Why COVID-19 infection curves behave so unexpectedly
Scientists at the Complexity Science Hub Vienna are the first to offer an explanation for the linear growth of coronavirus infection curves.
This is the typical pattern observed in the COVID-19 pandemic when implementing social distancing measures. Contact network of employees in an office building in France, thresholded according to the number of contacts. In (a) all links are shown that connect two persons with more than 100 encounters, (b) and (c) show the cases for 200 and 500 encounters. Photo: CSH Vienna
EurekAlert | Complexity Science Hub Vienna
Listen to this article
Leer en español: COVID-19: Por qué las curvas de infección se comportan de manera tan inesperada
With the first COVID-19 epidemic peak behind them, many countries explained the decrease of infection numbers through non-pharmaceutical interventions. Phrases like "social distancing" and "flatten the curve" have become part of common vocabulary. Yet some explanations fell short: How could one explain the linear rise of infection curves, which many countries display after the first peak, in contrast to the S-shaped curves, expected from epidemiological models?
In a new paper published in PNAS (Proceedings of the National Academy of Sciences of the United States of America), scientists at the Complexity Science Hub Vienna (CSH) are the first ones to offer an explanation for the linear growth of the infection curve.
"At the beginning of the pandemic, COVID-19 infection curves showed the expected exponential growth," says Stefan Thurner, CSH president and professor for Science of Complex Systems at the Medical University of Vienna. This can be well explained by a so-called snowball effect: An infected person would infect a few others, and in a chain reaction, those would pass the virus on to a few others as well. "With measures like social distancing, governments tried to push the growth rate below the recovery rate and therefore massively reduce the number of new infections. In this logic, however, individuals would have infected less than one other person, and the curve would have flattened, eventually reaching zero - something that did not happen," explains Thurner.
"What we saw instead was a constant level of infections with a similar number of new infections every day," adds co-author Peter Klimek (CSH & Medical Univ of Vienna). "To explain this with standard epidemiological models would basically be impossible."
The use of traditional epidemiological models would have required a lot of fine-tuning of parameters, making the model increasingly implausible. "If you want to balance measurements so that the effective reproduction number R stays exactly at 1 - something that would explain the linear growth -, you would have to reduce contacts by the same exact and constant percentage. In reality that is extremely unlikely," says Klimek.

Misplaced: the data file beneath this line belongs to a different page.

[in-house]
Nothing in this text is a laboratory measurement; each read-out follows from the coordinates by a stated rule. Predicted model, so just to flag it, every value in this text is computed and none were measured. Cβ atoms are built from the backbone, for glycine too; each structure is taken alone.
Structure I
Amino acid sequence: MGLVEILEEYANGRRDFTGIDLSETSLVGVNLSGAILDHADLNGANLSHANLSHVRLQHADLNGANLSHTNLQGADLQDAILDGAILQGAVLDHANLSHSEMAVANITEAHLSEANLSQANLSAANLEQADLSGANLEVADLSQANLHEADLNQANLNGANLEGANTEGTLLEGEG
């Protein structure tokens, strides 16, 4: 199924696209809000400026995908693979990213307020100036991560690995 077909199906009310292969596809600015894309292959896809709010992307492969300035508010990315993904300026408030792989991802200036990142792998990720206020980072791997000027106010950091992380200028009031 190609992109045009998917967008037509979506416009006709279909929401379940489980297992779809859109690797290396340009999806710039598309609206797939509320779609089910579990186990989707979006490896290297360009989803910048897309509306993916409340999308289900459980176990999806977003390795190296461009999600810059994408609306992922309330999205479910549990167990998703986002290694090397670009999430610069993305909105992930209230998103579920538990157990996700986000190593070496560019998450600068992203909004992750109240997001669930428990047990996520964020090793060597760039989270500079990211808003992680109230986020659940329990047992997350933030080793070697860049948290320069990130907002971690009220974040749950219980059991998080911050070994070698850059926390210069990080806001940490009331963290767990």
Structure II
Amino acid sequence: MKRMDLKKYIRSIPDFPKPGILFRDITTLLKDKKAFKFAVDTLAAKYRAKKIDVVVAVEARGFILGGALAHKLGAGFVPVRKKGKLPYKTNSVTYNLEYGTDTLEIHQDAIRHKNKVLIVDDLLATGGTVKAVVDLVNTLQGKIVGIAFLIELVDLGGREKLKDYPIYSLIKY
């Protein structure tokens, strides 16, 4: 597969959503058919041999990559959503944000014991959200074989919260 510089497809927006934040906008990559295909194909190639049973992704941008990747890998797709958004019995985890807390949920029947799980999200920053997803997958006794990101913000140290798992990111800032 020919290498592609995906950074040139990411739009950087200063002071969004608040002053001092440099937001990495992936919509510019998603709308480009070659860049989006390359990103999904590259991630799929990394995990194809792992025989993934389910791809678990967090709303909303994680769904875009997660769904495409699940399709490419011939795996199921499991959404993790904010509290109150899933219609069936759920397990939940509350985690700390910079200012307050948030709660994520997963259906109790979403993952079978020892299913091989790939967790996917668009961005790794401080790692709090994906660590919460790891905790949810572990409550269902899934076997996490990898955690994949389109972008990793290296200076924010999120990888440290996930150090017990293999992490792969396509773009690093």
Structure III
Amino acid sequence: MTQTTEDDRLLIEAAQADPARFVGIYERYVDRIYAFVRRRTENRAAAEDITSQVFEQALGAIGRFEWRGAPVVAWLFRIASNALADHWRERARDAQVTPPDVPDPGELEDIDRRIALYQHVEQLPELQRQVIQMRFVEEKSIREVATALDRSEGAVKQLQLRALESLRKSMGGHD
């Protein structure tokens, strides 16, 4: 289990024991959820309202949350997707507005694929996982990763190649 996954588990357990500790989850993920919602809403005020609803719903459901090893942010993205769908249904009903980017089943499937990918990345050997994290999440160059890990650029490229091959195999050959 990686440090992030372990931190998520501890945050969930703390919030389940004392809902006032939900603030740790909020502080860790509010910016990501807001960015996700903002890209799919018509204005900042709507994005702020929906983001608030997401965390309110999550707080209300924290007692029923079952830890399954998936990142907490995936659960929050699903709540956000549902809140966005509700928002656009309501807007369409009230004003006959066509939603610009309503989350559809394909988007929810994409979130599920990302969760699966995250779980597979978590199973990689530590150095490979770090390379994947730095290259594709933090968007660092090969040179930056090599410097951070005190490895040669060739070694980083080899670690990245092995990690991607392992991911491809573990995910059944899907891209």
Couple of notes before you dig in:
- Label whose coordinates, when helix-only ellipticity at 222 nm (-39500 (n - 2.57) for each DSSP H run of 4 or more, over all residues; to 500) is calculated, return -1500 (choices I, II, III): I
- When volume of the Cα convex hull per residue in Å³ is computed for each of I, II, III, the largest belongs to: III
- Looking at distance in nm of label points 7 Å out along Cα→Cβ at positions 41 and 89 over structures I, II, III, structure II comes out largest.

Also read: Could COVID-19 in wastewater be infectious?
In fact, the probability to observe linear growth in these standard compartmental models is practically zero, the CSH scientists point out. They were therefore inspired to extend the model and look for further explanations.
The complexity scientists explained the linear shape of the curves through a different form of spreading than initially expected: They assumed that the spreading dynamic continued in small and limited clusters. "Most people went to work, got infected and spread it to two or three people at home, and then those people went to work or school again. The infection was basically spreading from cluster to cluster," says Stefan Thurner. "The change of the infection curves from being S-shaped to a linear behavior is clearly a network effect - a dynamic very different from big superspreading events."
The scientists showed that there is a critical number of contacts, which they call degree of contact networks or Dc, below which linear growth and low infection prevalence must occur. They found Dc to equal 7.2, assuming that people circulate in a coronavirus-relevant network of about five people, which is even lower during an effective lockdown (household-size 2.5 people on average).
Instead of having to fine-tune parameters, their model allows for a wide range of possibilities that keep the infection curves linear. It explains why linear infection curves appear in so many countries, irrespective of the magnitude of the imposed non-pharmaceutical interventions.
In a further step the scientists compared Austria, a country which responded with a severe lockdown early on, and the United States, which initially did not impose severe measures. According to Peter Klimek, their model works for both scenarios: "Both types of countries showed linear curves, but in the case of the US and other countries like Sweden, these just happened on a much higher level."
The model not only explains the emergence of a linear growth regime, but also explains why the epidemic could halt below the levels of herd immunity by consequent social distancing. For the standard modelling procedure, the complexity scientists use a so-called compartmental model with SIR-models, extending it with the described cluster transmission.
But what will happen in the next months, with the potential of numbers rising again? With additional risk factors like people returning from vacation in other countries and more time spent inside, the spread of disease could change. "If infections rise again, there is the potential that linear curves turn to exponential growth again - something people described as a second wave," Klimek concludes.